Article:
I am going on my first off lake paddle this Saturday in the Hudson. With the holiday weekend it will have more boat traffic and rough water than I have ever paddled before. Should I add some ballast to my RM Capella? I weigh about 165 pounds. If so, what is the best way to do this so the ballast is secure and stable?

I’ve heard about people using heavy chains

for ballast to stabilize surf ski for beginners.

But typical surf ski is only 17" wide.

I have never ballasted
If I felt the need I would ballast with a three eight pound water bags in the day hatch and use dry bags to hold them in place tightly.

Need more? Id add another 24 pounds to the front compartment and pack it close to the cockpit and so it would not move if I invert.

Braces and dynamic balance is best. Imagine your head is suspended fron something above you. Relax Keep you shoulders level and let your hips go where they want, (often good advice :slight_smile: )

you’re smart
to be concerned about the increased boat traffic, but don’t let that stop you from having a wonderful day on the Hudson, which is a true pleasure to paddle. Two things to watch out for…more boat traffic means more chop. If you’re used to paddling on a lake it will feel very different, but it’s also great fun. The other is that holiday weekends means a wicked combination of alcohol and motor boats on the river. On the 4th I go out to watch the fireworks on the river, but stay close to shore and very alert. As far as ballast, I’m curious enough about the subject to open a new topic. Have fun…Lyn

Good point about the drinking
I am going on a tour that includes a river crossing near the Bear Mountain Bridge. I was out on the river for the first time last Friday. It was a blast but we did not do much paddling as it was a clinic, not a tour.

My only kayak experience is in nearby lakes with electric only limits so I never was out in that kind of chop before. I know everyone will be out on Saturday. Is ballasting a good idea? I’m still not sure.

I’d skip ballast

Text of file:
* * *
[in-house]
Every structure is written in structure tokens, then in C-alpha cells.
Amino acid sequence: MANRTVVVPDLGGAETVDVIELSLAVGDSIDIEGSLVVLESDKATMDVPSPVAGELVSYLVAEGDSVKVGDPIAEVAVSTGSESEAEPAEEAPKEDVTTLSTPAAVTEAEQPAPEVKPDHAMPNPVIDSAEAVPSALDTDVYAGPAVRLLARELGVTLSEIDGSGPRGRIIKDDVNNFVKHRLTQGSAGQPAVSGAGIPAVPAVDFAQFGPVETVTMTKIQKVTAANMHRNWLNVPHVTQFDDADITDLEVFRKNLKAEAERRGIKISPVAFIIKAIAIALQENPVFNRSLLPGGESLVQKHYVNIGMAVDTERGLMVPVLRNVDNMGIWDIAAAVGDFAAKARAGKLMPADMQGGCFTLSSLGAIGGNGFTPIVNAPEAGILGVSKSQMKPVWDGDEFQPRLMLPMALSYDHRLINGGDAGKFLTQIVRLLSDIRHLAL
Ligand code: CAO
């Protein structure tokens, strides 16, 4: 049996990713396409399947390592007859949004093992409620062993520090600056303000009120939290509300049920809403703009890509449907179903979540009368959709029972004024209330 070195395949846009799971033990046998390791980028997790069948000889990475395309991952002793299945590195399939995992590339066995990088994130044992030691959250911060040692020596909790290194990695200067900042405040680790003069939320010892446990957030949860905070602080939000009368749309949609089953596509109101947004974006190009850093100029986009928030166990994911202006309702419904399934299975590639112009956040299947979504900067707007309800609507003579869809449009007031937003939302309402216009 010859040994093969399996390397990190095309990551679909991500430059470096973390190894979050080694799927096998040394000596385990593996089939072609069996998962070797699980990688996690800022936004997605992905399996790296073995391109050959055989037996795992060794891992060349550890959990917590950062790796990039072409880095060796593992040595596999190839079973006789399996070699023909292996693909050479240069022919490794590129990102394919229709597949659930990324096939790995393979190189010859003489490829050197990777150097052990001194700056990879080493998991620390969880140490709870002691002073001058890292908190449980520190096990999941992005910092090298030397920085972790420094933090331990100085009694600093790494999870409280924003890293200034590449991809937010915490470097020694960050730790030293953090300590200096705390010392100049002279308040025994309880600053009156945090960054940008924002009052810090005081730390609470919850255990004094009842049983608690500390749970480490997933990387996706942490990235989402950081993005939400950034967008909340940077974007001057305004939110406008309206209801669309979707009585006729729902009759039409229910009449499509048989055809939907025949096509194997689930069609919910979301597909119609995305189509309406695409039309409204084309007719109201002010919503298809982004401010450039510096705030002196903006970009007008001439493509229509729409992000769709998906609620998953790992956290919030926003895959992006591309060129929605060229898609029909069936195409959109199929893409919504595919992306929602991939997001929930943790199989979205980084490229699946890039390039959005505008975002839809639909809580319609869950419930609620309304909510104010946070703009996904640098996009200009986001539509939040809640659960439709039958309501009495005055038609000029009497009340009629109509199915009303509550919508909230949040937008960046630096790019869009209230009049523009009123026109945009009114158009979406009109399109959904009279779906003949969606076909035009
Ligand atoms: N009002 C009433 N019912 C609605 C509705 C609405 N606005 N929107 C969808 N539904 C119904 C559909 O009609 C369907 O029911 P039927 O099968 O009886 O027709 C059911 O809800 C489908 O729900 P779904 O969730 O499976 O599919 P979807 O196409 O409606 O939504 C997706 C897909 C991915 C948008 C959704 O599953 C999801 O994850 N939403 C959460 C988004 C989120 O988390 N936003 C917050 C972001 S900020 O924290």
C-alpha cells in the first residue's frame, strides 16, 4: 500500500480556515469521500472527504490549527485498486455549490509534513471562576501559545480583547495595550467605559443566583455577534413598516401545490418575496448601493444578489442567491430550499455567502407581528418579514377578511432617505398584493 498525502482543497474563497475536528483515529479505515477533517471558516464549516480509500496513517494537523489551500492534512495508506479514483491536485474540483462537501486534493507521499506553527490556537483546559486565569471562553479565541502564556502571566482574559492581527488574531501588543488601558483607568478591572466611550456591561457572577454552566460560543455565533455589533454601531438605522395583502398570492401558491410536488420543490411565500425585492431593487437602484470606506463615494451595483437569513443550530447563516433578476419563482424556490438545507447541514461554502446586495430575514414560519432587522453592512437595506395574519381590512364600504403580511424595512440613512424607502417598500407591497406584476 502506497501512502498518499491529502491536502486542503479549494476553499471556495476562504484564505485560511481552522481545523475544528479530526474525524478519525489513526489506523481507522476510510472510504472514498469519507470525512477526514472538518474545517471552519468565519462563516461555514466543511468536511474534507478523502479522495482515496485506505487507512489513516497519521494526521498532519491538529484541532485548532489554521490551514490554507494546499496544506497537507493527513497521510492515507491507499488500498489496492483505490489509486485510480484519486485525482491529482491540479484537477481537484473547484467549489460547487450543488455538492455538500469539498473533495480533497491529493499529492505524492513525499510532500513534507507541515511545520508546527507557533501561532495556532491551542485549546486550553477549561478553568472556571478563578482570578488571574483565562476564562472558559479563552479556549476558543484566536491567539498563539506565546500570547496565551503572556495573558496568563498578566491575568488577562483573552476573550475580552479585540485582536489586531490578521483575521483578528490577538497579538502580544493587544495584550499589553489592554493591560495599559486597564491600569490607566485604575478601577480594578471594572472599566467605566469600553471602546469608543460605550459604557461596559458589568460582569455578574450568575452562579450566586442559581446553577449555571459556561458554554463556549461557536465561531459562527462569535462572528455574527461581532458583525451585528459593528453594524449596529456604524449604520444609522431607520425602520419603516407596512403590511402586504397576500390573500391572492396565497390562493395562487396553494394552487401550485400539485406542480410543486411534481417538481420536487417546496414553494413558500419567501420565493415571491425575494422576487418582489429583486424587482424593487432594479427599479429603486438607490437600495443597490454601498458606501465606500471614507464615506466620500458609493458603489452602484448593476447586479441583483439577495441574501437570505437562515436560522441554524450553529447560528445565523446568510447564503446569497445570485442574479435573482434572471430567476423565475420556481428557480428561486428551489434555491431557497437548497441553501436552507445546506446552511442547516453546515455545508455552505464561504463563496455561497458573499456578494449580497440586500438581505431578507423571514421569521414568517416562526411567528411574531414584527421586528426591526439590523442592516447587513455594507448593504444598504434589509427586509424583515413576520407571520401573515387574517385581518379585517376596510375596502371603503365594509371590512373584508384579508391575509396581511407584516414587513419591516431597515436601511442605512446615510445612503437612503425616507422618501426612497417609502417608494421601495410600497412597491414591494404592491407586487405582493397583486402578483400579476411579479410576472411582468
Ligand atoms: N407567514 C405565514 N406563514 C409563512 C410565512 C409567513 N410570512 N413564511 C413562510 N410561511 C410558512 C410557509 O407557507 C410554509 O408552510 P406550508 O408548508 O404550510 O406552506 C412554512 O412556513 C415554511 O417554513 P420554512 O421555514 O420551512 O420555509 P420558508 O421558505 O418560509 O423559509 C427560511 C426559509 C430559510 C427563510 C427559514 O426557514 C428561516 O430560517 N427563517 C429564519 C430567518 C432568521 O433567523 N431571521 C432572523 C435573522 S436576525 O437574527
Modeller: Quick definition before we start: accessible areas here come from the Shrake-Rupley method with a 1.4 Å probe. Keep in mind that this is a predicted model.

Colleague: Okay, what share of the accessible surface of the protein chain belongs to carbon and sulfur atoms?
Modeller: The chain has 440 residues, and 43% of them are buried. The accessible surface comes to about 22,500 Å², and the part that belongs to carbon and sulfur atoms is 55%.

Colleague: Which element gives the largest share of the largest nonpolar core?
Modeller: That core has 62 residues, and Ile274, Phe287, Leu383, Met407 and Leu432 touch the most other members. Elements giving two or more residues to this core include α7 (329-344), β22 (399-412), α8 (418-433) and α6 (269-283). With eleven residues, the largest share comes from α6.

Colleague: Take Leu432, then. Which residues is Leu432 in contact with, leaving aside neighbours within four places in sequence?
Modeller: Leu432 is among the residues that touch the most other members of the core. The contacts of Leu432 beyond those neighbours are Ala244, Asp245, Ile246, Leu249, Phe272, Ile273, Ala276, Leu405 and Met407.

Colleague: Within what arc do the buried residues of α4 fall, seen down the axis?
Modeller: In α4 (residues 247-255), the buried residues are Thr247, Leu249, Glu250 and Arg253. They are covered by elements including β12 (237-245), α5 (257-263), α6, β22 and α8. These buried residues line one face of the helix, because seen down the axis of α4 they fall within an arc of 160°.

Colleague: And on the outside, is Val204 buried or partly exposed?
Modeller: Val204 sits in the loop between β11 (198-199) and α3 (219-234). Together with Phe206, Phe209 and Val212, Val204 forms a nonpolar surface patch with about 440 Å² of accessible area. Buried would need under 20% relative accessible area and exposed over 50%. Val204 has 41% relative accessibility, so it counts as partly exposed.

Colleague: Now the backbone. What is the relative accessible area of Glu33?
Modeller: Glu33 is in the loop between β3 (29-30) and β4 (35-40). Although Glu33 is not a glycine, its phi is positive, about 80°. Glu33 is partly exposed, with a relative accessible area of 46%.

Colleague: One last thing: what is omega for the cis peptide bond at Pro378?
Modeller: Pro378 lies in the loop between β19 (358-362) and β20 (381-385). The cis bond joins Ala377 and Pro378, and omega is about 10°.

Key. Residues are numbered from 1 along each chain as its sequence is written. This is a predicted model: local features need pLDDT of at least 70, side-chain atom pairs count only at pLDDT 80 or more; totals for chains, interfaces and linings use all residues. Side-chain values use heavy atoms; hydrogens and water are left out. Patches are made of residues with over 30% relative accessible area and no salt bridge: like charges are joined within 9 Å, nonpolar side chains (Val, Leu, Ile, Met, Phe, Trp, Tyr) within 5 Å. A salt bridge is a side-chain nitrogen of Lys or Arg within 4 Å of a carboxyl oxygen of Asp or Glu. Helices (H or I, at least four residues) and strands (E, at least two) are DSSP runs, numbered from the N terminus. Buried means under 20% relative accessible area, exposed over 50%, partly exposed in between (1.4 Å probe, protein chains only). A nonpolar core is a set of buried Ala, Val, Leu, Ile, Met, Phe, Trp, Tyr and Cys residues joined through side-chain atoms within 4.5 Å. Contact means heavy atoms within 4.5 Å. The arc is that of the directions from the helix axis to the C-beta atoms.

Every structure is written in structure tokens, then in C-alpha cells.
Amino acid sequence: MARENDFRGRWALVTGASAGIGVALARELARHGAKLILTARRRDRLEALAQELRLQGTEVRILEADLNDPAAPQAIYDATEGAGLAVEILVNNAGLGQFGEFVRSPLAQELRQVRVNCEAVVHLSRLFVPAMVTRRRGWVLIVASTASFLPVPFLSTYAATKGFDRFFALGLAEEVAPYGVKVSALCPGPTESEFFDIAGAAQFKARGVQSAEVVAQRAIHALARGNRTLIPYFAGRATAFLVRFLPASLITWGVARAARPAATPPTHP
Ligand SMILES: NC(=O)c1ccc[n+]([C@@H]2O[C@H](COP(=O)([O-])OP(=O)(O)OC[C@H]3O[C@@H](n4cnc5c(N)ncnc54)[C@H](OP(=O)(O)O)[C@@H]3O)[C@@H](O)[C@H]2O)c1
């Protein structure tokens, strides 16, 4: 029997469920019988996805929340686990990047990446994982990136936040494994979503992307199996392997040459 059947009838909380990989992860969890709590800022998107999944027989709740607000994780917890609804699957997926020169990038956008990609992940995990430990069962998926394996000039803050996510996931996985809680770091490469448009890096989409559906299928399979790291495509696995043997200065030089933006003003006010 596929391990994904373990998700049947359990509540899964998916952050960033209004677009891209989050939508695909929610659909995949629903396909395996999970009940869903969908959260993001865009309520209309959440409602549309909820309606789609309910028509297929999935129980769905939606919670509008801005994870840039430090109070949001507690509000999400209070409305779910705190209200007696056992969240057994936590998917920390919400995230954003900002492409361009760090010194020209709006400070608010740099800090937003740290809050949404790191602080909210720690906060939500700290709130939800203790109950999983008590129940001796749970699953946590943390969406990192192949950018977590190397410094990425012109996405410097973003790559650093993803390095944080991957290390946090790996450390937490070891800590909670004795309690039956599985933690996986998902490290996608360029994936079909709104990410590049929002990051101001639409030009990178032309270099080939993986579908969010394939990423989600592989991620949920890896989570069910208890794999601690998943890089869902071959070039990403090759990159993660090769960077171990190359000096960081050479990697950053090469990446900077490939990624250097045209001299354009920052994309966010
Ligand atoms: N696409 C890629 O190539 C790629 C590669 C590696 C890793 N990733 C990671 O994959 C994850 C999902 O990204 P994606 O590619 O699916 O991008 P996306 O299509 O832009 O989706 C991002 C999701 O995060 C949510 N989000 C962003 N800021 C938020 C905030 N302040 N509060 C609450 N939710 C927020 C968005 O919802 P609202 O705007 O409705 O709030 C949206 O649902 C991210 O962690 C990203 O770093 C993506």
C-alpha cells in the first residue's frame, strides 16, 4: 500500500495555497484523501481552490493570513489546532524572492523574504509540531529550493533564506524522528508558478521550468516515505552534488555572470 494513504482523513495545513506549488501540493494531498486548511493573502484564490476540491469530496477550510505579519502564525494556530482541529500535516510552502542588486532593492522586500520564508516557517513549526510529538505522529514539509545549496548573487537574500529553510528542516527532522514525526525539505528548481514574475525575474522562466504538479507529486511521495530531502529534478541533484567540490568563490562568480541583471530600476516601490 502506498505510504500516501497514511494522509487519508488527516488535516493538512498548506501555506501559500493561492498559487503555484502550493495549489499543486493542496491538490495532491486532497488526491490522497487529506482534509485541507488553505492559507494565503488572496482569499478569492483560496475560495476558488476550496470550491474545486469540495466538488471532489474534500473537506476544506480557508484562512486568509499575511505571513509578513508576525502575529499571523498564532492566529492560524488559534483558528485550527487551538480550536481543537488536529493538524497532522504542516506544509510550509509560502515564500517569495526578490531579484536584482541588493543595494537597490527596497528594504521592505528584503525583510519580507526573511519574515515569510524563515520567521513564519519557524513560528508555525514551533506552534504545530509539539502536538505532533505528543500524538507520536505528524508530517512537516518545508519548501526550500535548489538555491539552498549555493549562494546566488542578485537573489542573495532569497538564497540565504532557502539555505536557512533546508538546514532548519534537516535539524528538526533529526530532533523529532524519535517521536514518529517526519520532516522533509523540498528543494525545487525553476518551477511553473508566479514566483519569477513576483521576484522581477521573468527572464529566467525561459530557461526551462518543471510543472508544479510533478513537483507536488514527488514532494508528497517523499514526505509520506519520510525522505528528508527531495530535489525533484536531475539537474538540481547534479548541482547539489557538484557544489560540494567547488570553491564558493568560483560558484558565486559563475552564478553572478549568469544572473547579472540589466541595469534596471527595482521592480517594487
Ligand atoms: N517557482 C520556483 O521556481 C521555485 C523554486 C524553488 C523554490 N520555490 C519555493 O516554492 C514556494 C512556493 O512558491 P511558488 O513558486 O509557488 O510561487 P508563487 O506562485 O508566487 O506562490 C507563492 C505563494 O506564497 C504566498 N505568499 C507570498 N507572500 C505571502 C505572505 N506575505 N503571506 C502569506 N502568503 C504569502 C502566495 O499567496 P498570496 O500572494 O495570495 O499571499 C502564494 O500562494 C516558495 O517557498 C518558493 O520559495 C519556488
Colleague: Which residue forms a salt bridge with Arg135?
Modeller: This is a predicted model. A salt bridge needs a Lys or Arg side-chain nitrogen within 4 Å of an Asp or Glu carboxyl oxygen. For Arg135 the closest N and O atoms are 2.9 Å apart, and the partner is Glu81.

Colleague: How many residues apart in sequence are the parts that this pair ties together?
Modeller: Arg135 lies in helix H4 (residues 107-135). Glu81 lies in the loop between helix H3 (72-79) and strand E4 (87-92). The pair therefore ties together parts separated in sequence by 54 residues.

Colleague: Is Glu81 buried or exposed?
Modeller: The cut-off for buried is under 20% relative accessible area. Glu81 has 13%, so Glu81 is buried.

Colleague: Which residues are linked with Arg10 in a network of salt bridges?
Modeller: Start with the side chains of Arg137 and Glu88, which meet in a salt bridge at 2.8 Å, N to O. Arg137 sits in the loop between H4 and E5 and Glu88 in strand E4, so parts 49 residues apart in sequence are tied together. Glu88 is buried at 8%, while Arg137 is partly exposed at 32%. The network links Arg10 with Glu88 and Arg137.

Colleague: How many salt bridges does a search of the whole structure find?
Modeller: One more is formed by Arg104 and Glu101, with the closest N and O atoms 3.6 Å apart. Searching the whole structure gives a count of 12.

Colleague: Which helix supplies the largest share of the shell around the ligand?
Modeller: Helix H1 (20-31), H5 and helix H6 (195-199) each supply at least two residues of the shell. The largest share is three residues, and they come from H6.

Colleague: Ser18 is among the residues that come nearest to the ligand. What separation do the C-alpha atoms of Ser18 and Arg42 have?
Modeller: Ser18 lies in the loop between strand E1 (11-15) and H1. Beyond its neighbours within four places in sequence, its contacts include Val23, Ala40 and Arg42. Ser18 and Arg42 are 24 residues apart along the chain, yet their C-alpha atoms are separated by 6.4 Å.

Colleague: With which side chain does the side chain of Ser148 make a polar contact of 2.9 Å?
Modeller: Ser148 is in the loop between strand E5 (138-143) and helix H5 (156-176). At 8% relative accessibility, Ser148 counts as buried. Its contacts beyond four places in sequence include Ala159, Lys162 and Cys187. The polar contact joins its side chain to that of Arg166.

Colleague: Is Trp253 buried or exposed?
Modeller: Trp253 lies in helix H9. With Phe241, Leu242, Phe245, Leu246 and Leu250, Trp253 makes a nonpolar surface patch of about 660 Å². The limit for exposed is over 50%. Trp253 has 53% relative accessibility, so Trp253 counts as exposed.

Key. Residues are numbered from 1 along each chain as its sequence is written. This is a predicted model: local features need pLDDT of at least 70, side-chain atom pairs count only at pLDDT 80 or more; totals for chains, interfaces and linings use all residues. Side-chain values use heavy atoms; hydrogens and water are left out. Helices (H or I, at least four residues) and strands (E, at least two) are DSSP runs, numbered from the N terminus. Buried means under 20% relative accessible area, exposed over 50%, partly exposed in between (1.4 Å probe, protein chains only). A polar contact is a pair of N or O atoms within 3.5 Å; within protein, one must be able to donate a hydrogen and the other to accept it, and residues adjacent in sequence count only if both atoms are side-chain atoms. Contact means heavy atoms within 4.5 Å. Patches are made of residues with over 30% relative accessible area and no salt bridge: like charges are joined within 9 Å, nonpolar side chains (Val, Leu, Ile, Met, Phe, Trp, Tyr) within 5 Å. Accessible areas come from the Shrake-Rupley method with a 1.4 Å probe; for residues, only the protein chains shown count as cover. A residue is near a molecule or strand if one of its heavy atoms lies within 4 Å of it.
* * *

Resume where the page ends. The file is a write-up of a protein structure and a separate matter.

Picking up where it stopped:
Whatever you do don’t ballast with anything heavier than water. If you don’t feel comfortable in your boat balance wise, then what happens if you upset and there are heavy chains in the boat? I had a friend that put 50 pounds of cracked corn in his boat to stabilize it. Can you imagine trying to rescue the boat with this in it?

I would ballast with stuff you need, yourself, and some gear, but then I’d learn to feel comfortable in your boat in all circumstances. Skip the ballast, it’s wasted weight that perfoms no good on the water except making your boat heavier, slower to maneuver, and giving it less freeboard.


Thanks for all the great replies.
Its not that I am scared of rough water. I never had the experience. I am very comfortable in my boat but that has been in pretty tame circumstances . Worst I have seen is 20-25 mph wind with 1 foot chop spaced very close together. I want to have the best experience possible and give myself and my boat any advantage (if possible).

Ballast can be helpful.
Many boats are designed to perform best when loaded. If you do it right ballast helps stabilize an empty boat, making it a lot easier to paddle. If you do use ballast keep it low and toward the center of the boat. I went to my local diving shop and got two 6 pound diving weights which were lead pellets in a mesh bag. I slid them under my seat and secured them there. There is no noticeable difference in speed but the secondary stability is improved.

If someone is light in their boat, ballast can help bring it to its design displacement. Look at the stability curves in the reviews in Sea Kayaker magazine – adding a load significantly increases stability in most boats.

A couple of dry bags full of water is an easy, relatively safe way to add ballast. make sure that whatever you use is secured to stay low and centered.